Ethics And Morality of Man

Ethics can be seen as a set of codes set by society on good values while morality is more subjective and is based on someone’s beliefs and interpretations. For example, drinking alcohol might go against your morals while others might say its okay. An example of ethics can be killing someone for scientific research which is wrong. Ethics and morality play a key part in the book “The Immortal Life of Henrietta Lacks.” Ethics is based on your broad morals.

Henrietta lacks carried cells that became the first “immortal” human cells that are still alive today. But the doctors extracted the cells after her death without her or her family’s consent even though it was used for inventing cures for diseases and developing new treatments. Hela cells have become the first immortal human cell line—the cells reproduce infinitely in a lab which led to many medical contributions. In the book “The Immortal Life of Henrietta Lacks”, Henrietta Lacks died of cervical cancer.

After her death, the doctors extracted the cancer cells from her body without the family’s consent.

However, the cancer cells were used for research and eventually used to create vaccines and treatments. Hela cells saved millions of lives and doctors still use it till this day to find cures for other diseases. But taking cells from a patients body without their consent is against doctors morals even though at that time the practice was normal. Taking cell samples was considered a procedure at the time because there were no laws at that time to say she did not sign any official document.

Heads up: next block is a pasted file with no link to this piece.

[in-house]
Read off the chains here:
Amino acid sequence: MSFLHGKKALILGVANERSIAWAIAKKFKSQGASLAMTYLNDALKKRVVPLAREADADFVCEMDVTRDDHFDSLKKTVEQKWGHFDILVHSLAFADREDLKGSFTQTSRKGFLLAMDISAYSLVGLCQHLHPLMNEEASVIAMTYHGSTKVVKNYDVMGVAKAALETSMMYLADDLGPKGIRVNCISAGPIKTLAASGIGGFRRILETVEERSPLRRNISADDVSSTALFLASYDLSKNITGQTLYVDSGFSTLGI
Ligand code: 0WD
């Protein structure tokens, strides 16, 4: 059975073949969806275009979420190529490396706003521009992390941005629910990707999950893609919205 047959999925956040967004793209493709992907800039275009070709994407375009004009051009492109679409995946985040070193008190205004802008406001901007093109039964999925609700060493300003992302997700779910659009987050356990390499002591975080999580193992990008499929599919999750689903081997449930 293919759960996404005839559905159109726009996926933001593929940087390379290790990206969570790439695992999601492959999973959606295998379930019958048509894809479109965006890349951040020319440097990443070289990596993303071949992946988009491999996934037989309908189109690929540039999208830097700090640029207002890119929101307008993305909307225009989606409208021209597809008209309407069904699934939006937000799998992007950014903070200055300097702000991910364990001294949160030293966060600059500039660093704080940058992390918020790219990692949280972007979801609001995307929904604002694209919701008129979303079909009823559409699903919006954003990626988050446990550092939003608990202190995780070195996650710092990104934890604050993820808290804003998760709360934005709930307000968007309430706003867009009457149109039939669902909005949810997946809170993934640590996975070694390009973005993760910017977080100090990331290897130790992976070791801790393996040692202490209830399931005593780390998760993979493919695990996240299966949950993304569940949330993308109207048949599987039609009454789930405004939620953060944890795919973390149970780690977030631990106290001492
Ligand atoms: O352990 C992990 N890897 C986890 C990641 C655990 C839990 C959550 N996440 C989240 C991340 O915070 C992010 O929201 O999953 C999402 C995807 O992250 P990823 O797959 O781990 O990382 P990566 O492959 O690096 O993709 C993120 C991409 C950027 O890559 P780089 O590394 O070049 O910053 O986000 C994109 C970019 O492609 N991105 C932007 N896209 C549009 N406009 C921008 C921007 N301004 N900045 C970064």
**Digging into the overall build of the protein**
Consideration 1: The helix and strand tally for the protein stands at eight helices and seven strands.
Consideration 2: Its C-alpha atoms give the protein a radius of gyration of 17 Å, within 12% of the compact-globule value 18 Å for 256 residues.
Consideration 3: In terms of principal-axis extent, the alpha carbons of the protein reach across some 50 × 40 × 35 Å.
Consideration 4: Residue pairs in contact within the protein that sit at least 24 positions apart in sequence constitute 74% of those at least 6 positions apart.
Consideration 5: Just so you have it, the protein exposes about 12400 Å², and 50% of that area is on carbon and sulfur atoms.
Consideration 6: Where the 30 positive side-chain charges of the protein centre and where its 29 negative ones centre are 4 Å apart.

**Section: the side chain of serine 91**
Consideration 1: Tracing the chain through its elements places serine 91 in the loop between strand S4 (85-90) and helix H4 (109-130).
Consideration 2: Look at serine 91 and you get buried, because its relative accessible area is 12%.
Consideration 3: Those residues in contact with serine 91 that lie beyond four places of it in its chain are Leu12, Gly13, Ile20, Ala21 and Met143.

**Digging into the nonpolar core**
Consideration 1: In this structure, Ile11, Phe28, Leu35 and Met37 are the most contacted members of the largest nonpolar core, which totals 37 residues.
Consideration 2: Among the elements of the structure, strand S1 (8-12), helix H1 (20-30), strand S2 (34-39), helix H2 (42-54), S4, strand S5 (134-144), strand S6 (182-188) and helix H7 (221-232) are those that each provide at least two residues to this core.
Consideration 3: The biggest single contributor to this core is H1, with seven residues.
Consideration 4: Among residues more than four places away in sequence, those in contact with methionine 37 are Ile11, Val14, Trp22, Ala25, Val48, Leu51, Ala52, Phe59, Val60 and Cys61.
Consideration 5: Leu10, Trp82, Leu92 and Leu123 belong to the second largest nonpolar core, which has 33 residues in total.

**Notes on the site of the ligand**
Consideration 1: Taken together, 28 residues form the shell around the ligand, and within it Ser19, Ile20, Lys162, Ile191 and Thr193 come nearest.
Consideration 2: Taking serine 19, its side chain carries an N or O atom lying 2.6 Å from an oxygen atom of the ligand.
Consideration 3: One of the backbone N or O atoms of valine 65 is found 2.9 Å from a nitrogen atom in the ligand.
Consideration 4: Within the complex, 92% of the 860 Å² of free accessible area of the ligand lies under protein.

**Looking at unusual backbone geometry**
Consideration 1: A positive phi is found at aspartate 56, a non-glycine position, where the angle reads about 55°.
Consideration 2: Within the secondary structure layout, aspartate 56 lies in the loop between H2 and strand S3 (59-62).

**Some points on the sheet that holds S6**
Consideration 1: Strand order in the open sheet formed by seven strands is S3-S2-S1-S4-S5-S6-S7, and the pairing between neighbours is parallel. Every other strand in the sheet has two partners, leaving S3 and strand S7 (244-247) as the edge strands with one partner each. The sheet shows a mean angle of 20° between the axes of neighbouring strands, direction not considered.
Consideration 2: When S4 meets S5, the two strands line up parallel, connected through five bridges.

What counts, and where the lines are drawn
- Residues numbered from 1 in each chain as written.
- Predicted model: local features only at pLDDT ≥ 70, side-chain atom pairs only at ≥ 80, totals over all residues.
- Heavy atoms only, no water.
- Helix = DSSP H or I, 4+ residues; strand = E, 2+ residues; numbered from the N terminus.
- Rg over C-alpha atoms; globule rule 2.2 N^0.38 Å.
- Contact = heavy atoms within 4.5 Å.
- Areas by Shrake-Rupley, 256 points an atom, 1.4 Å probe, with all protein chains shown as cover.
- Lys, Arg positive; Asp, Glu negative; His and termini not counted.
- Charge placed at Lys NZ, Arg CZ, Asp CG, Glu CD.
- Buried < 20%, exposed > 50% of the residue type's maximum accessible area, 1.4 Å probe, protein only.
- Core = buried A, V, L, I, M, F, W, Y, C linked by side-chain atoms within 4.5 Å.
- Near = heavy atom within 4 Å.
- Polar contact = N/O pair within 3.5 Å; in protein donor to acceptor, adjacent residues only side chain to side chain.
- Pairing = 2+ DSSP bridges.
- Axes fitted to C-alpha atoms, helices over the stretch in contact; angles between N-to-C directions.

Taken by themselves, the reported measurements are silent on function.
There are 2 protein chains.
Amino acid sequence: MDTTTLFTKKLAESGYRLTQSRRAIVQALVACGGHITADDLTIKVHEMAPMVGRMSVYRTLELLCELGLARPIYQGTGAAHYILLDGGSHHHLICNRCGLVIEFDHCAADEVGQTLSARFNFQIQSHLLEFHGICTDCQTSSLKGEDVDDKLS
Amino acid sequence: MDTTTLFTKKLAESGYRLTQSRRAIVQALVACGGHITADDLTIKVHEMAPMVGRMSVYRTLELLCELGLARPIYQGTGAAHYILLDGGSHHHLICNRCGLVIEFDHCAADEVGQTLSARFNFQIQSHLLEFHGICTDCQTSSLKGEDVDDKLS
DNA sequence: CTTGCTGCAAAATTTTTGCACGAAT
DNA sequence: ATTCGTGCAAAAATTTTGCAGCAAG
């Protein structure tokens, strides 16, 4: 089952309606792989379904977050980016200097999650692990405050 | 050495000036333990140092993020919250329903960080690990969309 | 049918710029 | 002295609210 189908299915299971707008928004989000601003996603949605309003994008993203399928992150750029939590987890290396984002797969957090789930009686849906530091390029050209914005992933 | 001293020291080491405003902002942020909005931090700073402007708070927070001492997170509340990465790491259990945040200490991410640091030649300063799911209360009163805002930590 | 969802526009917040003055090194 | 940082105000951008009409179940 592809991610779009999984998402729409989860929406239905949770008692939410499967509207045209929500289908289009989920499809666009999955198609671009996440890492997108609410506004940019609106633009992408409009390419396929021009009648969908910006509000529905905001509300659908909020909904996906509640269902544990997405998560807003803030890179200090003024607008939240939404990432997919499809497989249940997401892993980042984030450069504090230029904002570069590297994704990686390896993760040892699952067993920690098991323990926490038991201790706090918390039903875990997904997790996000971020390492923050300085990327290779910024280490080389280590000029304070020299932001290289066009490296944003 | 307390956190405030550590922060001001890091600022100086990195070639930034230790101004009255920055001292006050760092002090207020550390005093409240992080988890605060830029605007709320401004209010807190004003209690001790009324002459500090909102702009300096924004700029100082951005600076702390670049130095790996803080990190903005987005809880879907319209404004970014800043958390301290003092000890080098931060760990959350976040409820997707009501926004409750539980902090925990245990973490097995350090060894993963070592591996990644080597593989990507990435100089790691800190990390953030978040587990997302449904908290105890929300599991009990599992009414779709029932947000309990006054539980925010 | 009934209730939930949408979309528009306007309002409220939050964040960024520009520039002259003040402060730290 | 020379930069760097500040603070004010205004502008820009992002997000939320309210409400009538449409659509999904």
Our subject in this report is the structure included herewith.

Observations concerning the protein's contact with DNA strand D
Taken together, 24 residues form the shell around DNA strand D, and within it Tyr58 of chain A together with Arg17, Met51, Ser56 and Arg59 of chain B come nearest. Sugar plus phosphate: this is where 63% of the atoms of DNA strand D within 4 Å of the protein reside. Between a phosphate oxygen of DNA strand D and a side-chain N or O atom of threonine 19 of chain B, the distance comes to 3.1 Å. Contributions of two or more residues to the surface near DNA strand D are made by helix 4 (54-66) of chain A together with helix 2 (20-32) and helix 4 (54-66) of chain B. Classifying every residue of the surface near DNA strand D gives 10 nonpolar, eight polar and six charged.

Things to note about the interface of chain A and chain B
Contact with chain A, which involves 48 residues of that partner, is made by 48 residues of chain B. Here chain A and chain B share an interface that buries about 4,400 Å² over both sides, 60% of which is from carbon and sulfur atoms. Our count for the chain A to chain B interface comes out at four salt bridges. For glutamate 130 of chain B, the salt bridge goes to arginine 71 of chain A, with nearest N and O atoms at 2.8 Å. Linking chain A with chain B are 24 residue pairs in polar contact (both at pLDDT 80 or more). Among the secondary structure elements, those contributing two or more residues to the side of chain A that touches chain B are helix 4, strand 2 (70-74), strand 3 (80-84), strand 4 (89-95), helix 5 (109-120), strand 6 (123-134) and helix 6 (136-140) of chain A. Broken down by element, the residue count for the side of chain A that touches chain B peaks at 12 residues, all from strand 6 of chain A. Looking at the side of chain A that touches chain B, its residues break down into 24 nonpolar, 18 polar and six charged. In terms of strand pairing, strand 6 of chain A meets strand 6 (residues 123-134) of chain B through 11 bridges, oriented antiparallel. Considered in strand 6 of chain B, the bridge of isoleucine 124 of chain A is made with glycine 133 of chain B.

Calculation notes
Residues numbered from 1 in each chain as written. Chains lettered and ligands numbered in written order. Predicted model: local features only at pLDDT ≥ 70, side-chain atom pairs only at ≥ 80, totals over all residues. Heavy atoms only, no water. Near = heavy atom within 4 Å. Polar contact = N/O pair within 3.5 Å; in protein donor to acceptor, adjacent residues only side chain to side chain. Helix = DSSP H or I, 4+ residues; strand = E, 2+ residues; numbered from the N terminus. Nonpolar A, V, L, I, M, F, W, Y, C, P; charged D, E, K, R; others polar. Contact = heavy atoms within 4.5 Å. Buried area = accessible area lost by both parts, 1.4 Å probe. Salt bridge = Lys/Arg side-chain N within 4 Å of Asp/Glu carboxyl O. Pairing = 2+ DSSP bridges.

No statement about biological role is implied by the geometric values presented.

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There was no official name for the “procedure” of taking cell samples. Therefore, doctors say that Henrietta did in fact sign all the papers necessary to perform any procedures within the ethical bound. The cancer cells kept growing and growing and lived longer outside her body than it did inside her body. This resulted in the improvement in medical science even though it conflicted with the doctors moral and ethical codes.

Another example of a conflict between someone’s ethics and morals is the Tuskegee syphilis experiment. The government working with the Tuskegee Institute began a study to record the natural history of syphilis in hopes of justifying treatment programs for blacks. The study was conducted without the patient’s consent. The patients did not have any idea what they were being treated for, they were just informed that they were going to be treated for bad blood. But in truth, they were just being watched until they died. The patients were promised free food, free medication, and free burial insurance. Patients had no idea what the consequences would be nor did they know about any of the risks that came with these treatments. Although the treatment was originally projected to last 6 months, the study actually went on for 40 years. The men conducted for the experiment were never given the accurate treatments. The Tuskegee experiment was not justified ethically. The study became unethical because even when penicillin became the recommended drug for the treatment of syphilis, the researchers did not offer it to the subjects.